While you normally shouldn't have to talk to a barn manager about it, as it is your horse and your money, (unless of course there is some code of conduct / rule that bans western riding at your barn,) it is still her property and it would be a good idea to talk to her. Discuss with her your intentions, and the situation. While she may not be keen on it, talking to her would give you the opportunity to open her up to your ideas.

I also agree with Bsms - if she really doesn't want you to, but you really do, I think it's time to move on. If I were put in a situation where they would actually tell me to ride somewhere else, I would do so - and take my business elsewhere. Luckily for me, the worst I ever got for riding western or gaited horses were some mean words and glares, but hey, I knew I'd done nothing wrong and it was their problem.

Remember that there's always multiple sides to a situation and often several ways to handle things. I think you should choose the way that will sit best with your barn manager if you're afraid of disrupting the peace. I hope I've helped some, and good luck!

Candy | 14.3hh sorrel AQHA mare
Diesel |15hh bay grade gaited gelding
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post #5 of 48 Old 09-03-2011, 05:15 PM
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I ride english at a western barn. I don't 100% fit in lol but my BO could care less what I ride. I would talk to the BO but if she's that restrictive on what saddle you ride in, I would personally not want to be at that barn at all.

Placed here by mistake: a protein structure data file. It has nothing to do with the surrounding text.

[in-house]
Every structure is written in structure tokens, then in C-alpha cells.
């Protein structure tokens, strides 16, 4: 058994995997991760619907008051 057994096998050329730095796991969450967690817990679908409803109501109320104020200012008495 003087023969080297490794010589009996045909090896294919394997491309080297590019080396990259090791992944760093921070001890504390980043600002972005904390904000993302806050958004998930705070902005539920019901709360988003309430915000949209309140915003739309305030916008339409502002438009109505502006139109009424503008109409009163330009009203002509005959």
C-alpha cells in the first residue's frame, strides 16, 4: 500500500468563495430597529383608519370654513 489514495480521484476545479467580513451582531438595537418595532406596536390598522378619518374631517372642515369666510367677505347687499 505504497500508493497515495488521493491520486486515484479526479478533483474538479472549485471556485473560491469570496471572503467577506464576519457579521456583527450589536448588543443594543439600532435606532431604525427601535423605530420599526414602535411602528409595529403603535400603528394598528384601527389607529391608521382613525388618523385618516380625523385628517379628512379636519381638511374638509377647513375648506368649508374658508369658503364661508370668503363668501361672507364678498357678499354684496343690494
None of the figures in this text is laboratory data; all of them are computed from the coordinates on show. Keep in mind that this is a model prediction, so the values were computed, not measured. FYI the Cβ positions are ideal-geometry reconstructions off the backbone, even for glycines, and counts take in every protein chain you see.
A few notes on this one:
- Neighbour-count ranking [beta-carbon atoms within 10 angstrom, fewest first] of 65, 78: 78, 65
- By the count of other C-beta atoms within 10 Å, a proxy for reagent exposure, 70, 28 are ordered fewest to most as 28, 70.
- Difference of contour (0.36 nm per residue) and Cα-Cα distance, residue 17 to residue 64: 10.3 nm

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post #6 of 48 Old 09-03-2011, 06:12 PM
Green Broke
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I think if you explain to her that your not planning on switching over completely, just wanna do it for fun then she should be allright with it.

Honestly, the barn owner really shouldnt care IMO. As long as your paying your board and being safe and responsible then why should it matter?
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post #7 of 48 Old 09-03-2011, 06:23 PM
Green Broke
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Id read your board agreement, if nothing is there I'd think Id tell people to mind their own business, honestly it would even occur to me to even wonder or care what anyone else is gonna say.
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post #8 of 48 Old 09-03-2011, 09:26 PM
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Do talk to the barn owner. I'd rather ask first and know before stirring up any ill feelings from the BO.

And definitely mention you're not looking at a complete change, but just for fun on occasion. If it's casual, I can't imagine they'd object.
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post #9 of 48 Old 09-09-2011, 08:31 PM
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I agree - it's best to talk to the owner. BOs can be very territorial about what goes on at their place. Best just to get it straight from the "horse's mouth."
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post #10 of 48 Old 09-10-2011, 01:51 AM
Green Broke
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Originally Posted by Poseidon View Post
Tell them to shove it and do what you want. Ride in a western saddle proudly. You're paying to keep your horse there.

It's not like you're going to back your trailer up and set a dozen cows loose in the arena and then proceed to practice your roping skills.

Most of the English riders I know, trail ride in a Western saddle. They're comfy and they don't want to risk marring the ones they show in.